First interview, or first interview in years? A brief refresher.
1. Know your CV. Interviews are usually CV based so make sure you know your CV inside and out. You should definitely read through your CV beforehand and even think about taking a copy of it to the interview with you.
2. Know where you are going! You might want to travel to where the interview is being held one day beforehand so that you are confident you can find it on the day. If not, then make sure you allow some extra travelling time. It’s better to be early than late…
3. Research research research! You can’t do too much. Check the job title and the full names of the interviewers before your meeting. Don’t be afraid to phone in advance and ask about your interview. Some companies will provide this information online, but if not, find out what format the interview will take and how long it will last. Ask if the interview will involve group exercises or tests and whether or not you need to prepare anything. Ask for the names of the people who will be interviewing you. Visit the company’s website and understand their business. Read about the interviewers on LinkedIn.
4. Make a good impression. First impressions count. This includes what you are wearing and giving a firm handshake as soon as you arrive. People can make an initial judgement about you in the first few seconds.
5. Body language. It’s all too easy in the stress of an interview to forget the basics. You should avoid crossing your arms. This can make you look unapproachable when you want to come across as open and receptive. You could concentrate on making sure you sit with your hands open on the table or on your lap.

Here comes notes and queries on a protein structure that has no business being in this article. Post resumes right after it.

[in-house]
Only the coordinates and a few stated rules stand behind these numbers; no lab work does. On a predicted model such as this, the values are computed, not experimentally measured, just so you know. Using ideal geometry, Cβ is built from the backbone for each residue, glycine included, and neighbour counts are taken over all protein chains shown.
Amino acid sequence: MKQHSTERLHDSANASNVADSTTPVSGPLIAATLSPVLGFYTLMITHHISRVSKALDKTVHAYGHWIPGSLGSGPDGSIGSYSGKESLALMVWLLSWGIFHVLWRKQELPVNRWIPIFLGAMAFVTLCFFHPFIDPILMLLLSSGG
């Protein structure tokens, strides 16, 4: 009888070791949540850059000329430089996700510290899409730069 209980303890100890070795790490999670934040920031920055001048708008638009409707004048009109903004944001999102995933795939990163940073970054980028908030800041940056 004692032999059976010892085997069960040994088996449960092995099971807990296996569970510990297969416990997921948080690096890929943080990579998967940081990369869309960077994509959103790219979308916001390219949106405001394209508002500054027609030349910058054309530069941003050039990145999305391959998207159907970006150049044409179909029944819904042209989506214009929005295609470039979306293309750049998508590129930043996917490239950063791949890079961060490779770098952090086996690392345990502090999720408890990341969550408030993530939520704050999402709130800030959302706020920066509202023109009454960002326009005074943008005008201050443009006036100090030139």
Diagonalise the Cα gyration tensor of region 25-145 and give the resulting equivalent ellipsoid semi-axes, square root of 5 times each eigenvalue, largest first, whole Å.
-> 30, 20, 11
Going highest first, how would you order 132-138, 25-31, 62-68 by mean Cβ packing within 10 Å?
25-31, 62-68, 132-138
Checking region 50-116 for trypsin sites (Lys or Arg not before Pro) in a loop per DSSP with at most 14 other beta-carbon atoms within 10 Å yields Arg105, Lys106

6. Eye contact. make sure that you look the interviewer or interviewers in the eye to show confidence and belief in what you are saying. This can sometimes be difficult to remember when you are nervous, but there is nothing more off putting than a potential candidate for a job who looks everywhere around the room apart from at you.
7. Show some personality. Although interviews are serious meetings, please do show some personality and be as relaxed as possible whilst still showing drive and motivation. This is your chance to sell yourself, and the interviewers will be looking for signs that you will get on with the employees.
8. Ending the interview. Try to prepare some in advance on topics such as where the business plans to go in the future, opportunities for progression within the organisation, and more detailed questions about the role you are applying for. Don’t forget to ask politely what the next stage of the process is and when you are likely to hear. The interviewers can sometimes forget to include this information, and it’s really important for you to know.
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